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Science is not enough for today’s consumer

By John F. Grimes, OSU Extension Beef Coordinator

The agricultural industry has long stood behind scientific standards to justify our production standards. However, today’s society is simply not going to give us a “free pass” and absolutely trust us to do the right thing. It is simply not going to be good enough to provide a plentiful, economical food supply. Customers want to know more about how their food is produced. If we do not maintain their trust, the economic ramifications can be devastating.

Problems can arise if an industry does not recognize customer concerns and work aggressively to address these issues. Events from earlier this year are a prime example of this fact. The controversy over Lean Finely Textured Beef (LFTB), aka “Pink Slime,” became highly visible in March, 2012 as a result of extensive media coverage. LFTB is a product that has been used for several years in our food supply but had started to be scrutinized over the past couple of years. The producers of LFTB were ill-prepared and slow to react to the media firestorm and consumer backlash that was directed towards them. Significant economic damage was felt by the companies that produce LFTB and the entire beef industry.

More proof of the power of the consumer can be found within the pork and poultry industries. It is a common occurrence these days to see a press release in the news about a large grocery or restaurant chain announcing they will not be purchasing pork or poultry from suppliers that allow animals to be raised in restrictive housing such as gestation crates or battery cages. The suppliers are generally given a period of years to phase in new housing practices but the fact is that a “line in the sand” has been drawn. I suspect that meat suppliers are taking these announcements seriously and changes in the production system will occur.

Last month Tyson Foods, Inc. announced the launch of its “FarmCheck” program through which they intend to audit the treatment of animals at livestock and poultry farms that supply the company. The program has already begun at some of the hog farms that supply the company and Tyson intends to expand the program to include cattle and chicken operations by early 2014. Animal welfare audits are not new to livestock producers but most programs have been voluntary to this point.

Reaction to the company’s announcement was quick from different sources. As one might expect, The Humane Society of the United States (HSUS) announced that they do not think the Tyson program goes far enough to address animal welfare concerns. Also, the beef cattle organization R-CALF USA states the audits will go too far as they believe the Tyson program infringes on the private property rights of independent farmers and ranchers.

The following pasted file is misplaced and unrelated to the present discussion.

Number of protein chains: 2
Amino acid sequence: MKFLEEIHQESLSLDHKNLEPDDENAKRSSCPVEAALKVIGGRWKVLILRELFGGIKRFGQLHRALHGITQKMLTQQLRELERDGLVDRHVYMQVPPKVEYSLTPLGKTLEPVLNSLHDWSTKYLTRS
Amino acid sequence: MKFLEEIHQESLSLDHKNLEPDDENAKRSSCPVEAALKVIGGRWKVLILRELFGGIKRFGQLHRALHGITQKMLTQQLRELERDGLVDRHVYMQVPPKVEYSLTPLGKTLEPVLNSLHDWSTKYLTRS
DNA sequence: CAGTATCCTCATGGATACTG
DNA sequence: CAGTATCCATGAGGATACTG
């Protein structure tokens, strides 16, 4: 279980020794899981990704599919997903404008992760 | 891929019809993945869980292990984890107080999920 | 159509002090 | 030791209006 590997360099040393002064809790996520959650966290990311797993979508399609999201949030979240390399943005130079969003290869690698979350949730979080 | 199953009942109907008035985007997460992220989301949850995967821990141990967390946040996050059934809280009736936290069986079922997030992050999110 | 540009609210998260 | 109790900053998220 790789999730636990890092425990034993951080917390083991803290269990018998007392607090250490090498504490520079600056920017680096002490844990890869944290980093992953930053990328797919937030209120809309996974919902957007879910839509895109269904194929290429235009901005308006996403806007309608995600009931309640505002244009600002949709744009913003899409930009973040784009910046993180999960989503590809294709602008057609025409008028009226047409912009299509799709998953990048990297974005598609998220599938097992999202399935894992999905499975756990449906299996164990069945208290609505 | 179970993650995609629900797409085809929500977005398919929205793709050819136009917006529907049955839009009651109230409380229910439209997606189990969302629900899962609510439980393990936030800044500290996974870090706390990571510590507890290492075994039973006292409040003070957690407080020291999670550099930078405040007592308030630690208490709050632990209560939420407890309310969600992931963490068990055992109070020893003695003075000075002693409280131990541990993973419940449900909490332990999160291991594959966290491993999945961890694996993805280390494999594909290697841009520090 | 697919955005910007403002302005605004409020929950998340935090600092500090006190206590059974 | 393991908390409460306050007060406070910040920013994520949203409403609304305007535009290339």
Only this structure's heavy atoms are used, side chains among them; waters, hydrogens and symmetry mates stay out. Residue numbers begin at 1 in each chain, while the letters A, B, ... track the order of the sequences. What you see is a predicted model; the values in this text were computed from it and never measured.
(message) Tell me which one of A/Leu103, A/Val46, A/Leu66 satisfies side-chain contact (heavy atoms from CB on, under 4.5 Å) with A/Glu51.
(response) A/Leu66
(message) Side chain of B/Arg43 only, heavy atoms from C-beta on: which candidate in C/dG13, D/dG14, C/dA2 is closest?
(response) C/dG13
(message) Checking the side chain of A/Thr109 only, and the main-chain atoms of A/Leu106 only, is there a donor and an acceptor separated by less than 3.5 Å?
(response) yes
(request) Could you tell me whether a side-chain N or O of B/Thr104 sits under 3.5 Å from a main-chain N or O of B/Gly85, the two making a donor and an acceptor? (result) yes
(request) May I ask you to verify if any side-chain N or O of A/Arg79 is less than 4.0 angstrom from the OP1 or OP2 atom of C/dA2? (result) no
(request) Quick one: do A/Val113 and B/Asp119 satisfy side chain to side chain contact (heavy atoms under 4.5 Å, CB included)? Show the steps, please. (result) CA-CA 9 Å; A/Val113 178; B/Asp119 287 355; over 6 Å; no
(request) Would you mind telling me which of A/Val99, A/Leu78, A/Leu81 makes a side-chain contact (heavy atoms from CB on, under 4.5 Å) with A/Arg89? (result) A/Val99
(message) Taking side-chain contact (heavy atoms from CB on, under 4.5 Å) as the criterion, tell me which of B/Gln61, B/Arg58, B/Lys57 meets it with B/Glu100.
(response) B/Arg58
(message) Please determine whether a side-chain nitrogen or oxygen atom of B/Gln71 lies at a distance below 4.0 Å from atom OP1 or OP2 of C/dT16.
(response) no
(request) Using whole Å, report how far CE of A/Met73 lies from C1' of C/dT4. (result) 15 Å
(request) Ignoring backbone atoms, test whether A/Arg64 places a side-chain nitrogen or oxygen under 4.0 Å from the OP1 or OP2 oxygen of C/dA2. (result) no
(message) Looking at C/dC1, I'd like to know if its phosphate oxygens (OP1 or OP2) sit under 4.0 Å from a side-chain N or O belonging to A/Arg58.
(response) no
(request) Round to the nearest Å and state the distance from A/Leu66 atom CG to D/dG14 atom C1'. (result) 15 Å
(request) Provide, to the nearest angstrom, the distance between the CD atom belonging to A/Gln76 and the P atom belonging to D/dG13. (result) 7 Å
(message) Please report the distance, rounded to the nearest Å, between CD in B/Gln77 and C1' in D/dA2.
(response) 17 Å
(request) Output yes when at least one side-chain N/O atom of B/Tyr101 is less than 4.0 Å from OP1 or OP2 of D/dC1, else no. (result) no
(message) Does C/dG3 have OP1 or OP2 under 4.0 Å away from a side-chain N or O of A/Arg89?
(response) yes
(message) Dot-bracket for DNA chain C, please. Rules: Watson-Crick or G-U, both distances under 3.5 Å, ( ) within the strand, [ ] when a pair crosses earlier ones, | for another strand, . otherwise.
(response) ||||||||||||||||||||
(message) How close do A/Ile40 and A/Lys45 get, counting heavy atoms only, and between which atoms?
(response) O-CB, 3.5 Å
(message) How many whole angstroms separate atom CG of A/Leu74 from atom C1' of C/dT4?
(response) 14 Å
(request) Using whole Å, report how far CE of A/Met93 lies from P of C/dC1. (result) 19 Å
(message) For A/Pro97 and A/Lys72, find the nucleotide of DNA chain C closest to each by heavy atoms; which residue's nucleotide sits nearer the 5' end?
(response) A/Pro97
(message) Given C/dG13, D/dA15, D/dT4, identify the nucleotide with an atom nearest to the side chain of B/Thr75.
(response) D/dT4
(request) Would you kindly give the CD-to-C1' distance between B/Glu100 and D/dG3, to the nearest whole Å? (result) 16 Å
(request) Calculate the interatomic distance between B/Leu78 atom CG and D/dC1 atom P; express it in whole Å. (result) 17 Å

It is my opinion that the trend of food companies, grocery and restaurant chains becoming more involved in how we produce animals is not going away anytime soon. How the livestock industry reacts to our customer’s demands as to how we produce our animals will be the key to our long-term participation and viability in feeding the world. The outlets that sell our food to the public listens to what the consumer has to say when they spend their food dollar. It would be equally wise for the livestock industry to listen to the desires of the folks that purchase our animals.

If you think about it, you and I are not that that different from our non-farm brethren. When we have the opportunity to have input on the goods and services we purchase or use, we take advantage of it. If you ask a builder about how he plans to construct an addition to your home and he is unwilling to provide the details you want, how would you feel? At the local school’s parent-teacher conference, if a parent questions the teaching methods used in a classroom are they wrong? Would you buy a car from a dealer who will not order a vehicle equipped the way you prefer?

How will the beef industry respond to the wants and desires of our current and potential customers? If we are unwilling to provide a potential buyer with the product that they want, who is at fault if the sale is not made? Is the feedlot that is willing to purchase calves that have been treated under a specific health program unfairly restricting the marketing opportunities of the cow-calf producer? Can the seedstock producer that prefers to raise high growth cattle expect to stay competitive in the market if his customer base prioritizes calving ease? Can a buyer that needs source and age verification of feeder cattle trust a producer that will not supply adequate documentation?

The livestock industry has a proven track record of efficient production that helps feed this country and large numbers around the world. Unfortunately, we not do enough to communicate with the public about how we care for our animals. We can no longer expect the public to simply trust the livestock industry to do the right thing. Small issues can become big problems if we do not address public concerns. I’m fairly sure that strongly resisting a company’s desire to monitor on-farm animal welfare practices is not the best way to instill confidence and trust with a major meat buyer and ultimately, the consumer. If we are not open and forthright about our production practices, how can we expect the buyer to purchase our product at any price, let alone a premium?

I understand the independent nature of the American farmer can create skepticism with a system where a public that is generally uninformed about agricultural production practices can have a large influence as to how we produce our animals. We may not like the fact that an outside party can have a large say as to how we conduct our business, but it would be foolhardy to dismiss their concerns as insignificant.

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